Researchers at the University of Auckland say New Zealand should adopt stricter criteria to stop the advertising of unhealthy foods to children.
Writing in the New Zealand Medical Journal, published today, the Auckland researchers compared three accepted nutrient profiling systems and found the World Health Organization Europe’s model was the most effective at protecting children from exposure to the marketing of unhealthy food.
Promoting unhealthy foods and drinks is a significant risk factor for child obesity and diet-related non-communicable diseases like type-2 diabetes, they say, but it is a risk factor that can be altered. The study was conducted to inform the Advertising Standard Authority’s review of how food is advertised to children.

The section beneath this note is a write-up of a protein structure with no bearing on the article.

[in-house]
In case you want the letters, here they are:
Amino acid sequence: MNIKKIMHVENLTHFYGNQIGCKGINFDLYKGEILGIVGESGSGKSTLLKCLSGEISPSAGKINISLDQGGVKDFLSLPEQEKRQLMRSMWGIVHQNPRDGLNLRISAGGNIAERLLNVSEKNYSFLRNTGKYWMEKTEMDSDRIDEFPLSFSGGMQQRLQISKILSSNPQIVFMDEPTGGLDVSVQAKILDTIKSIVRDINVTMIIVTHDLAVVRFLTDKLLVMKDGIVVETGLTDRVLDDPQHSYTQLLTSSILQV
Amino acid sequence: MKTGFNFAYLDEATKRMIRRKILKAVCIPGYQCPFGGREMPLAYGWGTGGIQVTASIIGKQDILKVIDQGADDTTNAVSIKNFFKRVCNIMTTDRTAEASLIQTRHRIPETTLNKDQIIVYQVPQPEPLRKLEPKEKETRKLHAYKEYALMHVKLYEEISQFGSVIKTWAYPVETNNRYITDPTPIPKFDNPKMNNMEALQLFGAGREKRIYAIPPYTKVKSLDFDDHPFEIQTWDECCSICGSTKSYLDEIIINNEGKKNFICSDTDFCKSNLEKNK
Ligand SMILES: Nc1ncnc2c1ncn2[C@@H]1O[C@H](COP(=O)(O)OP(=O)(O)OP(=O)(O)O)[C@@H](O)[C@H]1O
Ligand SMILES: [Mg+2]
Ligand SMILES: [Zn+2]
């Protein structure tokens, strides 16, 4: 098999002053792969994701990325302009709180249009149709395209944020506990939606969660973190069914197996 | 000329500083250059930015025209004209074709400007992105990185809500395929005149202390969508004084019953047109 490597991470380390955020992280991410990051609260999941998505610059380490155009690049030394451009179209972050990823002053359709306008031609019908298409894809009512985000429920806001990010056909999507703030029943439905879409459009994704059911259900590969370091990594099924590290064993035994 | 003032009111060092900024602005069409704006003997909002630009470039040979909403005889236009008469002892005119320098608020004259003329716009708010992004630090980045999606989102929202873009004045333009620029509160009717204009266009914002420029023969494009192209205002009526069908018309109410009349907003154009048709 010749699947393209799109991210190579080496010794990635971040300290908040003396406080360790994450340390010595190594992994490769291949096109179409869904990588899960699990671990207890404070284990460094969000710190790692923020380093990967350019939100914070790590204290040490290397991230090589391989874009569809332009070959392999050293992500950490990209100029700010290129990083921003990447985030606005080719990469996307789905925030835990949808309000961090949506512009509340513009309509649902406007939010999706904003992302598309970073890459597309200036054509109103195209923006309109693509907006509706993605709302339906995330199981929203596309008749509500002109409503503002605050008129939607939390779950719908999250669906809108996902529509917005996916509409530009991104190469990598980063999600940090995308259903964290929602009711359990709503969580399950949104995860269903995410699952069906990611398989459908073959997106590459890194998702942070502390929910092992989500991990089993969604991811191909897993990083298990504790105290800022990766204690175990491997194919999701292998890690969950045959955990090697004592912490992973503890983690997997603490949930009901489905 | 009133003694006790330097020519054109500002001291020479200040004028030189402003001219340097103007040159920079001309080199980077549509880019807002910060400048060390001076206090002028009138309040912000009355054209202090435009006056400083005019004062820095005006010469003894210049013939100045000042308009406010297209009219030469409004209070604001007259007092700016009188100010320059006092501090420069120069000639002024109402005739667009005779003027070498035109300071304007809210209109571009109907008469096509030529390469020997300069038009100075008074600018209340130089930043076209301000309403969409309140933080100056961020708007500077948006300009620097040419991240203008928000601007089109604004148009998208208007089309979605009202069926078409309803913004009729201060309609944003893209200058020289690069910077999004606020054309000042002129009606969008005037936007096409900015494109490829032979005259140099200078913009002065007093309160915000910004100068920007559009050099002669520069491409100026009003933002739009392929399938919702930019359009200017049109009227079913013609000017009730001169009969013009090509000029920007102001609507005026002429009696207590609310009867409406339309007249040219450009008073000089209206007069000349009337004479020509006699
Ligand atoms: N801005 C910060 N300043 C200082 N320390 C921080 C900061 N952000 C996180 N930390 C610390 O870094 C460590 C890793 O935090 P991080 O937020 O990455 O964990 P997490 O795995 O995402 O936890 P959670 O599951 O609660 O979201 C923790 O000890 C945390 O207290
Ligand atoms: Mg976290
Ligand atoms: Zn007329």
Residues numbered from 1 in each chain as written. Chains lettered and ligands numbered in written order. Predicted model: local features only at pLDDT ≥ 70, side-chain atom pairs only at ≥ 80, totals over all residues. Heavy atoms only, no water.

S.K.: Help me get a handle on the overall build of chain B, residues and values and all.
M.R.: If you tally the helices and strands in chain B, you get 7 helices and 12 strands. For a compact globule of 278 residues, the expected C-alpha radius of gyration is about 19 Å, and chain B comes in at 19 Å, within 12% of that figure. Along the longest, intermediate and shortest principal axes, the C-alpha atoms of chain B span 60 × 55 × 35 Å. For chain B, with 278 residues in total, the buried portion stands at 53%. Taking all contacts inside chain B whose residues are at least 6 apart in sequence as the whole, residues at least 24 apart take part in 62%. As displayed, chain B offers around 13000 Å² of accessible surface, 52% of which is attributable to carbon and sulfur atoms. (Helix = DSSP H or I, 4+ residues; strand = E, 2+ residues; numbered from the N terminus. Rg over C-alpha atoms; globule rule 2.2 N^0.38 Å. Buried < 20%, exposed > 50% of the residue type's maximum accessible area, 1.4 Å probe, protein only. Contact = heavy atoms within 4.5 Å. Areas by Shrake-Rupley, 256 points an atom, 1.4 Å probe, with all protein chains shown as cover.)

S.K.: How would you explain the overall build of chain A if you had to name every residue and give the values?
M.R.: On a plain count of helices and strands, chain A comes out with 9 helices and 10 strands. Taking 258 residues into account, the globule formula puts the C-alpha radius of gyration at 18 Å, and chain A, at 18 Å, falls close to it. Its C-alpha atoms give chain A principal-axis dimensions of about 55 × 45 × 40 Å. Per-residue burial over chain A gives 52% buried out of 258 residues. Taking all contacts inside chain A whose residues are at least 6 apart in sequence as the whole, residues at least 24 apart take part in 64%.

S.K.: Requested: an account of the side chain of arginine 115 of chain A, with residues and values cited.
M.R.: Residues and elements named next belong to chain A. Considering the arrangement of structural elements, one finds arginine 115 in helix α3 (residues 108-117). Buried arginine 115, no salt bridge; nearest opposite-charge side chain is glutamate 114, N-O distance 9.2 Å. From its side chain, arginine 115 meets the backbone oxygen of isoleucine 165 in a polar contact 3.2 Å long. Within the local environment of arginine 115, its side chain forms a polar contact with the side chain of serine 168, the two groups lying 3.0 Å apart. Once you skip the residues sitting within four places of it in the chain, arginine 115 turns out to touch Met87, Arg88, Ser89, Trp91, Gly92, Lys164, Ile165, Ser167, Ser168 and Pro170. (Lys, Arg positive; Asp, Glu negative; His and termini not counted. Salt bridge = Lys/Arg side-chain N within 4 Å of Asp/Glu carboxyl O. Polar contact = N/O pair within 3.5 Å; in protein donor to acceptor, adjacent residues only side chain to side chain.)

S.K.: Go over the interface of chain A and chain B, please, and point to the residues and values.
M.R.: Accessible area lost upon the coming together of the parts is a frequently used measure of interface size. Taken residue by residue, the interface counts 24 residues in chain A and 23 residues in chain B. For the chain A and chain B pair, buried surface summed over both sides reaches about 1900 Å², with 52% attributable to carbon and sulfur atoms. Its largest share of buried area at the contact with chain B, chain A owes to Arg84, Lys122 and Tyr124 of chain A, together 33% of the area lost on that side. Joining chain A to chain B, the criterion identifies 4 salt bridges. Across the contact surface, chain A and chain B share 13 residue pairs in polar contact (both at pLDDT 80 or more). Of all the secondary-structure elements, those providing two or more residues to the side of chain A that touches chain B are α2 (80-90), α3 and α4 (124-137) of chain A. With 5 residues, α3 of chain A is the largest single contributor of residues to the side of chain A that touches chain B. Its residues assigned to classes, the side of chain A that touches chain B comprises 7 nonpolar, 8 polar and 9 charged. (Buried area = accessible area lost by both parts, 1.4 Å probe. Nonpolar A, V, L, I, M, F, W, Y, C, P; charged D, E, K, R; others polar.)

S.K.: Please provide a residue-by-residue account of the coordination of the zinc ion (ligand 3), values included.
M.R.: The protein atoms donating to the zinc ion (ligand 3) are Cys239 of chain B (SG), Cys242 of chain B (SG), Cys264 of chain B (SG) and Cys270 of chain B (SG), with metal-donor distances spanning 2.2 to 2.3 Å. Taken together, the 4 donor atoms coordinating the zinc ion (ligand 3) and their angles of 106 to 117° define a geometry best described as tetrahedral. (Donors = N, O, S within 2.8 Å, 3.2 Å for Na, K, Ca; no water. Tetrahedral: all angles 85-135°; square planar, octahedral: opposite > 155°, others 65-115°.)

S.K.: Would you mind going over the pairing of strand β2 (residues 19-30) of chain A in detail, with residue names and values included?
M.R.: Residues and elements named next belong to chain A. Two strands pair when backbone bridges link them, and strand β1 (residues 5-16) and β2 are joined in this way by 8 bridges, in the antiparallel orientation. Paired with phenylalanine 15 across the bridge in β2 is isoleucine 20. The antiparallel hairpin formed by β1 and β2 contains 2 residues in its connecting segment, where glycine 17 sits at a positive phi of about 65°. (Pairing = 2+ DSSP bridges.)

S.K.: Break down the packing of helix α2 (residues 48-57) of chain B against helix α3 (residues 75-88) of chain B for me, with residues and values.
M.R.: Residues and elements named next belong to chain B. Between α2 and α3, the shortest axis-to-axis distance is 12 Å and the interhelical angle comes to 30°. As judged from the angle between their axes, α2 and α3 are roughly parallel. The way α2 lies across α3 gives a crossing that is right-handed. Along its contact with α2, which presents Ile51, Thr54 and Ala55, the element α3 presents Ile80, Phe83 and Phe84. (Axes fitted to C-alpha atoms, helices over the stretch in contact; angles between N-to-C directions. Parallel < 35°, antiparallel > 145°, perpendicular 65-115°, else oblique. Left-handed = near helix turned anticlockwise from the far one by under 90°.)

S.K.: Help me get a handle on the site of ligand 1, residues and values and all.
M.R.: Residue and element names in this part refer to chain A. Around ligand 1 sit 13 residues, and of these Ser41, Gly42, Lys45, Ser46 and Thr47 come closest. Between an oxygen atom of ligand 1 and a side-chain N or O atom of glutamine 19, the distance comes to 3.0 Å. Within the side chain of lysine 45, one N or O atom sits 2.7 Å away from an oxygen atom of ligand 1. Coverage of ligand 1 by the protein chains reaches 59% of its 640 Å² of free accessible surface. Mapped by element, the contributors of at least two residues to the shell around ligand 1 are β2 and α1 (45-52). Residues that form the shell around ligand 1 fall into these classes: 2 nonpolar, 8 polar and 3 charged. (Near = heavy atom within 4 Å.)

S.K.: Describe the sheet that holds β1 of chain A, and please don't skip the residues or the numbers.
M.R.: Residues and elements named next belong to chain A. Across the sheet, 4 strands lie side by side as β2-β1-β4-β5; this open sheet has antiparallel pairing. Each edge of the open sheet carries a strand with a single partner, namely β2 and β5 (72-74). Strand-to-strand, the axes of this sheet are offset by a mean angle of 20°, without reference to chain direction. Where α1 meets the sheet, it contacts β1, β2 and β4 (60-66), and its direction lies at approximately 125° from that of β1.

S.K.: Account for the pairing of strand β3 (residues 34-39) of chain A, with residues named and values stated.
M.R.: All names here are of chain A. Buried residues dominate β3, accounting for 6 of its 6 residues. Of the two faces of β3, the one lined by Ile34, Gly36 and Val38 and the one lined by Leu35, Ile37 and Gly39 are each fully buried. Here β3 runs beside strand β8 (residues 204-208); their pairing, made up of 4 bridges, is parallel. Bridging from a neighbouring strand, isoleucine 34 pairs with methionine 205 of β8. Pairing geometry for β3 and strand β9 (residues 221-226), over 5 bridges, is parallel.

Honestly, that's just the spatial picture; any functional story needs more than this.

More information about the study is available at scimex.org.
Several NZ media outlets covered the study:
NZ Herald: Auckland University study urges tighter restrictions on advertising food to children
Radio NZ: Healthier kids’ marketing system
Newstalk ZB: Study suggests world standard food rating system for ads